No-one can learn from what they cannot perceive or understand...
...this is obvious, yet easy to forget about.
We need to be sure that everything we do with all the children we are taking responsibility for, is accessible, at home, at school, and out and about. Otherwise their learning and development will be limited and many of our efforts will be wasted.
How can we do this?
We need to find out and get to know each and every limitation each child has, and its degree, so we can always make sure that all learning opportunities we provide are made accessible and learnable one way or another, by always staying within these limitations.
But what are they?
Incoming information is processed by the brain in terms of time, space and person.
So here are some key questions to keep asking oneself about...
Is that toy...
Is that book in the part of the visual field where it can all be seen?
Am I close enough for...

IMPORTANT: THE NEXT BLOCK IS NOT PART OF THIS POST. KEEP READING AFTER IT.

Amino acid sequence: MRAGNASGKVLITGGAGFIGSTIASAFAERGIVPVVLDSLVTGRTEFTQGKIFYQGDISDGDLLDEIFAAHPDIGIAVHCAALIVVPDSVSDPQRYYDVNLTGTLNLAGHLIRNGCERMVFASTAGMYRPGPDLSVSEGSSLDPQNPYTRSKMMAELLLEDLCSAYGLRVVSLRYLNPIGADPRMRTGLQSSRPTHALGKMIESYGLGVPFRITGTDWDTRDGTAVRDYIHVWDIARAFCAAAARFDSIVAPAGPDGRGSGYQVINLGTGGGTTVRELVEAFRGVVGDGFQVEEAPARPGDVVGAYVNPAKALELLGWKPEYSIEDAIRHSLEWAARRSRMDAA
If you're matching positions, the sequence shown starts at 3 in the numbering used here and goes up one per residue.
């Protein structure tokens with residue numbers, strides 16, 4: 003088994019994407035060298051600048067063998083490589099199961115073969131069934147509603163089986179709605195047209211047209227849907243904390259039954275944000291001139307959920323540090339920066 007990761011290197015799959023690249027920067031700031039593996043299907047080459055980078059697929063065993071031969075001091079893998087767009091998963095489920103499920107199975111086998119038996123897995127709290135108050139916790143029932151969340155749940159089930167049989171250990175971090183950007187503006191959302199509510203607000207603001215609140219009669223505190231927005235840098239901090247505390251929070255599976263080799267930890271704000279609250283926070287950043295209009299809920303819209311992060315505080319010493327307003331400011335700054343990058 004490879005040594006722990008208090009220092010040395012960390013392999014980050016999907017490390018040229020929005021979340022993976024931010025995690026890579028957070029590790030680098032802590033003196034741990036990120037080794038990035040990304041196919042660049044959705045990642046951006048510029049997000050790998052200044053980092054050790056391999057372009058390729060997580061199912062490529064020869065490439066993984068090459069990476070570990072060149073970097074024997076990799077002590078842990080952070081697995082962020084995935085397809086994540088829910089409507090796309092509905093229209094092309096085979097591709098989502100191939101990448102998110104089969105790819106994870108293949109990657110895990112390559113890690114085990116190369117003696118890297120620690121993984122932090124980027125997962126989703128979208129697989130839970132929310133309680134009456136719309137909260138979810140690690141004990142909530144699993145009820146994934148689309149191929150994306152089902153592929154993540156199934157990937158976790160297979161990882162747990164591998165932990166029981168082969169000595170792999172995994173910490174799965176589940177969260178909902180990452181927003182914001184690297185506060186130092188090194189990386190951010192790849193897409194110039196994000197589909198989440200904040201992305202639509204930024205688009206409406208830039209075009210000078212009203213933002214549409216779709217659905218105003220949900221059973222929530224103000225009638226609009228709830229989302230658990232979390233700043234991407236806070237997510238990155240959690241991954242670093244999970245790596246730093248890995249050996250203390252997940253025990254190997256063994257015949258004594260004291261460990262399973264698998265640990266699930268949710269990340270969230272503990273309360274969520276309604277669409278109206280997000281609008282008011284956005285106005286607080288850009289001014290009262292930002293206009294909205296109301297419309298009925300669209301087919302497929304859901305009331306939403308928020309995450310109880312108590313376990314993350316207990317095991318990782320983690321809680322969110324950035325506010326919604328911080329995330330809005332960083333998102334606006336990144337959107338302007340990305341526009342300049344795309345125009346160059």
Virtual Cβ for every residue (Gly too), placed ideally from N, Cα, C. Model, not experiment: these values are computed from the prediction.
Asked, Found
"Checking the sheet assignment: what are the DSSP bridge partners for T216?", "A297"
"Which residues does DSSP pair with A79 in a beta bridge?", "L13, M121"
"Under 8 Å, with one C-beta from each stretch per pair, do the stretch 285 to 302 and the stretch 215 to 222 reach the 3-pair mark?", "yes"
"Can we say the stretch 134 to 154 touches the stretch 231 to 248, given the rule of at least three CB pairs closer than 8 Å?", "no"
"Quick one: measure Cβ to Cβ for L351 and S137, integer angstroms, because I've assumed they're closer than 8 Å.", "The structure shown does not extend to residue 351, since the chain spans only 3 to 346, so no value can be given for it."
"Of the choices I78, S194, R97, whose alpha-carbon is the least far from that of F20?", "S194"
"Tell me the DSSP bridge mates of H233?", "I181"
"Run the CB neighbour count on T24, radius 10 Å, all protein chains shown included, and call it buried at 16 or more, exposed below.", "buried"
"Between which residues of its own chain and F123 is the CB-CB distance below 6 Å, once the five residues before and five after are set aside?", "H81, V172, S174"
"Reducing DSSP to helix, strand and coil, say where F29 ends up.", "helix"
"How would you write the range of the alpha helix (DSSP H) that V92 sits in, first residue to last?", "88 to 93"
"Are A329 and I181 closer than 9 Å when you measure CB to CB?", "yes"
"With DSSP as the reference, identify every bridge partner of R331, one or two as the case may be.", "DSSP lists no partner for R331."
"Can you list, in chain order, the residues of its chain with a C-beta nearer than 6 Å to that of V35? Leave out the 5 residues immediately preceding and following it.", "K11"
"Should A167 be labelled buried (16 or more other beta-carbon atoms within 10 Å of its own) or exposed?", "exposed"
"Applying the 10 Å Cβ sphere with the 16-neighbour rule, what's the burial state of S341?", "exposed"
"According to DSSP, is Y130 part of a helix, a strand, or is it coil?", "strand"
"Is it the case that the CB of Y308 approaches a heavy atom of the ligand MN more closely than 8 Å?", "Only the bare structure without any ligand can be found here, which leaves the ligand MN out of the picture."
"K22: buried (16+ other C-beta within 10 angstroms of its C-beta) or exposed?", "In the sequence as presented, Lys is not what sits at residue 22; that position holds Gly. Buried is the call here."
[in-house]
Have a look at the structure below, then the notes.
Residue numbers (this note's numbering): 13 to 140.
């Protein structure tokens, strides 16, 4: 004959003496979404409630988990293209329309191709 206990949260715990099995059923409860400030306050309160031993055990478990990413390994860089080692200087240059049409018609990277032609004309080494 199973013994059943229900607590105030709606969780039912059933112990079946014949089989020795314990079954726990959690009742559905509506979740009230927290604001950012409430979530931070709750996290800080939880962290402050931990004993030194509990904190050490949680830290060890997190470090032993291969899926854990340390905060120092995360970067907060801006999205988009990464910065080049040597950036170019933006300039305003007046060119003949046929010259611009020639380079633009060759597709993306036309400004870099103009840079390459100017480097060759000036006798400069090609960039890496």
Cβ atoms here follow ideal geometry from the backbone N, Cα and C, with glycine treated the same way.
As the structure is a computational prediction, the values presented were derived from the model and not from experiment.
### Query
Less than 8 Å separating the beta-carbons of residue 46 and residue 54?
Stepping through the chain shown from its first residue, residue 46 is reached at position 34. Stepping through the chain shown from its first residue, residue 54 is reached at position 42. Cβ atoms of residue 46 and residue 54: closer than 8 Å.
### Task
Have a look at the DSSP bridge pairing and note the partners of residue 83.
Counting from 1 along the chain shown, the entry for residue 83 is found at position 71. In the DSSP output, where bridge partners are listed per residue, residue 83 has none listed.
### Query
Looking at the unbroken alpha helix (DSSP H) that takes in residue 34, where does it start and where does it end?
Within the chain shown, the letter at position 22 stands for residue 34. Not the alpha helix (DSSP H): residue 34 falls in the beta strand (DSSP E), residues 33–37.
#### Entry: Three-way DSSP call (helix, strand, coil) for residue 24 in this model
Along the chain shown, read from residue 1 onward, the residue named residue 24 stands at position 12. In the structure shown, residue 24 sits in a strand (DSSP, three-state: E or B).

Is there a patterned background behind me? And do I need to move to a place where there is no clutter there.
Are my clothes plain enough for things I'm holding up to be seen against them?
If the answer is no, it's simple to change things for the better, and to find and stay within each child's limits.
If what we provide and what we do with our children is not learnable because it is inaccessible or not understandable for one reason or another it is up to us to sort it straight away.
It is not they who have learning disabilities, it is we who have teaching challenges to overcome. It's always our responsibility to find out and use the best ways of helping the children we are responsible for to learn to the best of their ability.
As a Dad and a Grandad and as a teacher, I've always had these ideas at the back of my mind when (grand)parenting or teaching, and have tried to adjust accordingly.
Making sure we do this from day-to-day, can make a big positive difference!
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At CVI Scotland we are devoted to helping people understand cerebral visual impairments, and together working towards developing the understanding of this complex condition.